Are We Really Taking Domestic Violence Seriously?


Over the last few days, the Australian Government’s campaign to address domestic violence has been plastered throughout our local media. The campaign ads at this point focus on domestic violence perpetrated against women, by their male partners.

Combined with the government’s new campaign, we are told almost every day of the epidemic rates of police call-outs relating to domestic violence, and we are reminded of the horrific number of women killed by their (male) partners each year. It will be interesting to see how much impact this approach to address the problem will have on the rates of family violence in the community.

Yet, when it comes to overall instances of domestic violence, a significant part of the problem is invariably left out.

A case in point was illustrated today when the Victorian Supreme Court set free a mother who stabbed her partner to death. The woman pleaded guilty to manslaughter after killing her partner with a broken piece of glass. We are told that it was a violent relationship, and that the woman had killed her partner after he had assaulted her. The court sentenced the woman to 18 months time already served and a community corrections order.

Can we imagine if this situation was reversed, and a man who killed his partner, pleads guilty and is then set free by the court? Not likely. Furthermore, if the woman set free by the court had been a man, can you imagine the outcry we would now be hearing?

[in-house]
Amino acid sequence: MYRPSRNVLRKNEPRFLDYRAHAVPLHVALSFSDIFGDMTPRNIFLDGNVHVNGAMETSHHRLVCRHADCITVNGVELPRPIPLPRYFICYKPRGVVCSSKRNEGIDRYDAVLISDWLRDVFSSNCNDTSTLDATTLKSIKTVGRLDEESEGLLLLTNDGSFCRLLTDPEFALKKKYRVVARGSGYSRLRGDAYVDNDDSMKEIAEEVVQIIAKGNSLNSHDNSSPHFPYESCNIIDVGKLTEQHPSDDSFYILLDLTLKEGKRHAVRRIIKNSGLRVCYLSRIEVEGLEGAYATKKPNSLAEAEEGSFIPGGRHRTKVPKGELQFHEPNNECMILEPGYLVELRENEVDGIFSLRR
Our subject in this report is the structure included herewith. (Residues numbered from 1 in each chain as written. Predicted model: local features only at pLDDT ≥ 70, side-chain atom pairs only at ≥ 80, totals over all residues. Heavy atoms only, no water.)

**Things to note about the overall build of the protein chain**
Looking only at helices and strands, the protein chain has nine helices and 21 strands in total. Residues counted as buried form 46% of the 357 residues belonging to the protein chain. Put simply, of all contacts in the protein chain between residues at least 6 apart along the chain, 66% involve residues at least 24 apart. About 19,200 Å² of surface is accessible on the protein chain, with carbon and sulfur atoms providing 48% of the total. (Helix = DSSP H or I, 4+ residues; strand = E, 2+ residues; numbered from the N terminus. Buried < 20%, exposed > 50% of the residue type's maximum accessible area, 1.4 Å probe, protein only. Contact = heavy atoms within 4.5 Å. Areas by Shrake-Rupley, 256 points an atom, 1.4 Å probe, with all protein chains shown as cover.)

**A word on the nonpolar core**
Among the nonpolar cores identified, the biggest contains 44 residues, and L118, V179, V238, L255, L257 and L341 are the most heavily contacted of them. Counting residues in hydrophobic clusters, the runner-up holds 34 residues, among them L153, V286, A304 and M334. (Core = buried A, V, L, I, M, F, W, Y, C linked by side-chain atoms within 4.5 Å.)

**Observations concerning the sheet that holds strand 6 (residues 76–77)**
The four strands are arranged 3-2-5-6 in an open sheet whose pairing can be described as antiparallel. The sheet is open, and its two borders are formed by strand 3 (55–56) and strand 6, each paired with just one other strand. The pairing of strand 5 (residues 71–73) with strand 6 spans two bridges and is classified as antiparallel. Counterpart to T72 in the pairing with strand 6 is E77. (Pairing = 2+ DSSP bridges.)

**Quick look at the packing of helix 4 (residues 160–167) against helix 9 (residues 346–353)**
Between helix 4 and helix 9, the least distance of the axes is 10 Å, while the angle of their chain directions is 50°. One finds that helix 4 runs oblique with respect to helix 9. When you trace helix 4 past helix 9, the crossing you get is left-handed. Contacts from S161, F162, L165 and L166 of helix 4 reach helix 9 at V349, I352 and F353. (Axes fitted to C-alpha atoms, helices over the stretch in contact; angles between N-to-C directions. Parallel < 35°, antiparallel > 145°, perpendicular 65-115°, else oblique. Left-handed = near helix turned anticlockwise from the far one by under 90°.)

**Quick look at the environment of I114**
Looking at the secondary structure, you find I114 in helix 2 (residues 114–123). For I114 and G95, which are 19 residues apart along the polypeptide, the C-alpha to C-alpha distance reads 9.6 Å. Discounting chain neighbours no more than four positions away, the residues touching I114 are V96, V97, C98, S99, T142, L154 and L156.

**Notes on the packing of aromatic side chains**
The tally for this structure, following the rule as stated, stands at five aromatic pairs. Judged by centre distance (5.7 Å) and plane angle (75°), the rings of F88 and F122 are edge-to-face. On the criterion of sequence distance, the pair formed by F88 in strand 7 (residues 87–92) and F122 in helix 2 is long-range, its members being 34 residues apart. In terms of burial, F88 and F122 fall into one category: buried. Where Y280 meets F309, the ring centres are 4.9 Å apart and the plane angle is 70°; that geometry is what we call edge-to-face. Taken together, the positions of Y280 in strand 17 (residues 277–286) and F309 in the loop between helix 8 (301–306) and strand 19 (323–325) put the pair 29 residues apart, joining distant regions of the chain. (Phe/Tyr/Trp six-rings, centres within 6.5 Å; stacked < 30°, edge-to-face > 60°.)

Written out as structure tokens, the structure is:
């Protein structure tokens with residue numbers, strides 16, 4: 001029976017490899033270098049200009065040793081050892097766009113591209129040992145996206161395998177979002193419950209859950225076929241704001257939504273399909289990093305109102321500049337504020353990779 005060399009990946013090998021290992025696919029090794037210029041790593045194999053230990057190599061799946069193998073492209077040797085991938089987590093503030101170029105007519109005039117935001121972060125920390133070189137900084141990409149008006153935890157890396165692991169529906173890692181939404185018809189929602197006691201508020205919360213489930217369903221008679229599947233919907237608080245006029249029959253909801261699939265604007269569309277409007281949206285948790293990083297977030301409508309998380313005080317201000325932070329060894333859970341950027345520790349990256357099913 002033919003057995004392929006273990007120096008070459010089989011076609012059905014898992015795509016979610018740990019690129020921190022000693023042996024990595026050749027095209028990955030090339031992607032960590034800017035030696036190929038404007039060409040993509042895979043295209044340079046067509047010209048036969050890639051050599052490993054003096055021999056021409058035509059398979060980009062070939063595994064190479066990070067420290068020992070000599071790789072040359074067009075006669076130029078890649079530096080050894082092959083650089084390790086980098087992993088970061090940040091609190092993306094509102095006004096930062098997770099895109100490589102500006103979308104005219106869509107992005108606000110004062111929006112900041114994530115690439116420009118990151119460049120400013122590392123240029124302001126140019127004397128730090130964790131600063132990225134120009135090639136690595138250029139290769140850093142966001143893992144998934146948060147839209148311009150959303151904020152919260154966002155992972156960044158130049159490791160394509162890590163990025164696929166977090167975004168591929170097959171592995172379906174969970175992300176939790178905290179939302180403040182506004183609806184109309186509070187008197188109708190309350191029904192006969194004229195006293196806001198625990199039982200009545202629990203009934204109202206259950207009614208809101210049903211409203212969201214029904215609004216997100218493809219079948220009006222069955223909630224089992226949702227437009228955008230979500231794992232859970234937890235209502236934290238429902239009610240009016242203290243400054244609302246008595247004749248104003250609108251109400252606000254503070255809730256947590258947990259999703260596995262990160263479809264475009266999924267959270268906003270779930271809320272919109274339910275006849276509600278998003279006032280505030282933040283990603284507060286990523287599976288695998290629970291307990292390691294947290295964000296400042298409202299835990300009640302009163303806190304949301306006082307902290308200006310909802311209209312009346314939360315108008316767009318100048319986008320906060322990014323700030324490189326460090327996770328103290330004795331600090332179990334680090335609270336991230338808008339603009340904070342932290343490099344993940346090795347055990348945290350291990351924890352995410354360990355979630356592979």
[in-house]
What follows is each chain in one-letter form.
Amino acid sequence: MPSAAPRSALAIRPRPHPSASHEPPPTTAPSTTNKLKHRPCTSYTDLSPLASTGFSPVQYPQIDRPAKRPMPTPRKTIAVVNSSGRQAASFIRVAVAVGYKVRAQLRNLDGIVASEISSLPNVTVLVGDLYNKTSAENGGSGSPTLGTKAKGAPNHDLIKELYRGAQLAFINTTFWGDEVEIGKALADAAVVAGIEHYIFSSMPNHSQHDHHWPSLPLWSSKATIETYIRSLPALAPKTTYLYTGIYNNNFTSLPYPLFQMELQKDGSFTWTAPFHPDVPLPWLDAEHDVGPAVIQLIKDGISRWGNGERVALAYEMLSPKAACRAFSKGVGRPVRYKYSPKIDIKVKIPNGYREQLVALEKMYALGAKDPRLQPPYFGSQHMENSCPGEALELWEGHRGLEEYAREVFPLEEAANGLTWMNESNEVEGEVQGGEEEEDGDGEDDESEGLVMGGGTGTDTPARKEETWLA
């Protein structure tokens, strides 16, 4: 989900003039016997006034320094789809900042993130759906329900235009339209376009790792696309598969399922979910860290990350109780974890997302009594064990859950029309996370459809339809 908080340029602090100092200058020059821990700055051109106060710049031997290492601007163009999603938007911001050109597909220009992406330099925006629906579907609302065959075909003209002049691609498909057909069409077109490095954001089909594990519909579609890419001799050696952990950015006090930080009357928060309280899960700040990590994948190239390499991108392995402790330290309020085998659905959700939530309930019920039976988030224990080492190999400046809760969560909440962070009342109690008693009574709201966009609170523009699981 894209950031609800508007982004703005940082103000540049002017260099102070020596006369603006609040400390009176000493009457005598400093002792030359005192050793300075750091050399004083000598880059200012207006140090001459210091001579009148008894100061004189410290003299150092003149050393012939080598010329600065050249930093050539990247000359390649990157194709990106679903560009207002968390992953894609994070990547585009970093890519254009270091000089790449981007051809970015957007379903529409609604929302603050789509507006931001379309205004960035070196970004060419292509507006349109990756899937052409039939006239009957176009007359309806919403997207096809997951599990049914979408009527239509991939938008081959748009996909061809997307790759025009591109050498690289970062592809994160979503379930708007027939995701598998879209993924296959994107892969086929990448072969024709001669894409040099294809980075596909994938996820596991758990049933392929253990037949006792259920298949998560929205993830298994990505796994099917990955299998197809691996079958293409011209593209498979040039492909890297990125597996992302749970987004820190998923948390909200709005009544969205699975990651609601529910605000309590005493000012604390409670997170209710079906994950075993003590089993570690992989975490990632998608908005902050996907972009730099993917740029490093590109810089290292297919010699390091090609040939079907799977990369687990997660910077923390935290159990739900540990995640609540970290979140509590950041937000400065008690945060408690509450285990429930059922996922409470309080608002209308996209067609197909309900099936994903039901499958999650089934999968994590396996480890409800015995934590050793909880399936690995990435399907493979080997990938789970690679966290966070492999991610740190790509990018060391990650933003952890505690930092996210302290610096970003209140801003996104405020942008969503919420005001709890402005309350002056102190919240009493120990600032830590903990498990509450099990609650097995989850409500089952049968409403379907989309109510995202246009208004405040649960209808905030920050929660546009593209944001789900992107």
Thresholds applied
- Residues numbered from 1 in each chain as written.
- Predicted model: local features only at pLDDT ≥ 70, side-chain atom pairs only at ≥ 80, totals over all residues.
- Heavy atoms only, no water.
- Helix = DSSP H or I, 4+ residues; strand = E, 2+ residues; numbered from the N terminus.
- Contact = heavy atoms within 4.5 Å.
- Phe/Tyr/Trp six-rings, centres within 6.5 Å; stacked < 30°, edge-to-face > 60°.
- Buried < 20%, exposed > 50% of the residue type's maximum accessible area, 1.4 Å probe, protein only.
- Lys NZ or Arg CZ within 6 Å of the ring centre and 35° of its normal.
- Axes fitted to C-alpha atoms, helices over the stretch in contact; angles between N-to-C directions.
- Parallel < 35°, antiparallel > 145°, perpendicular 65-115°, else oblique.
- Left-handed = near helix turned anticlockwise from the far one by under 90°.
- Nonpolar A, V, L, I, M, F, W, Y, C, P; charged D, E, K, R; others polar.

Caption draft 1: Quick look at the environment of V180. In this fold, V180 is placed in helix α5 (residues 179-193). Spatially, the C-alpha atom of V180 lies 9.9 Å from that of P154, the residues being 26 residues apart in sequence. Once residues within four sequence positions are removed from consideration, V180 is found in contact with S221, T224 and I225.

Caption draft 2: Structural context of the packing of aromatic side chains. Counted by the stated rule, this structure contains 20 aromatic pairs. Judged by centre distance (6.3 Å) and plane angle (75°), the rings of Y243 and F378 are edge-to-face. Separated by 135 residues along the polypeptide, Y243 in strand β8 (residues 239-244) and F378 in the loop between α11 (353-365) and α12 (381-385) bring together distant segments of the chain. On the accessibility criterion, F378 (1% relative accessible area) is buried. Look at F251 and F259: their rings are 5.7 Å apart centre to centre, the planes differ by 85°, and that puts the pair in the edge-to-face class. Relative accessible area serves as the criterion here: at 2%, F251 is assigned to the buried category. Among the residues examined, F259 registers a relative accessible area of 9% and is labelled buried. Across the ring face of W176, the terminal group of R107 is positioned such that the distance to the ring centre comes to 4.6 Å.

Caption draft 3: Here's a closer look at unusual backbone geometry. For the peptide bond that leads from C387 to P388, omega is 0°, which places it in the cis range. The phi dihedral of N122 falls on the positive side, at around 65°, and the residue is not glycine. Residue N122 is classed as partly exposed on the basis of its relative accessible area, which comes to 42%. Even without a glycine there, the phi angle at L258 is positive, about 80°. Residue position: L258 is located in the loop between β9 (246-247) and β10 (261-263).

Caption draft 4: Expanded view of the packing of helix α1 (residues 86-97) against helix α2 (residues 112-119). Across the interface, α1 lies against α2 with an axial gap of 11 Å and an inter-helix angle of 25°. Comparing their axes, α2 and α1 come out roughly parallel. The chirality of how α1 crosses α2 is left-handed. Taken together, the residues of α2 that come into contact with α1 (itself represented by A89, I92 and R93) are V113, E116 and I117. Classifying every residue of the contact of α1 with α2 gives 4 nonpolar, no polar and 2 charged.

Unfortunately, this particular instance of family violence is not simply a matter of the lighter sentences which are generally given to women, compared to men, for the same crime. Rather, it goes to the heart of how domestic violence campaigns have to a large extent become distorted and selective in their focus.

A further point which illustrates the way the issue of family violence has become distorted can be seen with the campaigns of 2015 Australian of the Year, Rosie Batty. Batty used the killing of her son by her mentally disturbed former partner as the basis of her campaign; a campaign, not calling for an end to violence against children, or family violence in general, but a campaign which was overwhelmingly focused on addressing violence against women.

While Batty would probably claim that her campaign was about addressing all forms of family violence, the reality is that her campaign and the speeches she delivered focused almost exclusively on violence committed against women, and not on violence committed against children or other forms of domestic violence.

Unfortunately, family violence campaigns like Batty’s (and now the Australian Government’s) persist in failing to address adequately issues like the unacceptably high number of children killed or abused by their mothers, or who die as a result of neglect. These victims of family violence are not given a voice, and are abandoned in favour of a more ideologically based narrative.

While family violence campaigns continue to be couched in vague terms such as ‘equality’ and persist in being founded on the basis of feminist and other theories of oppression rather than the perpetration and causes of actual violence, we will continue to fail to properly address the very real problem of family violence in our community.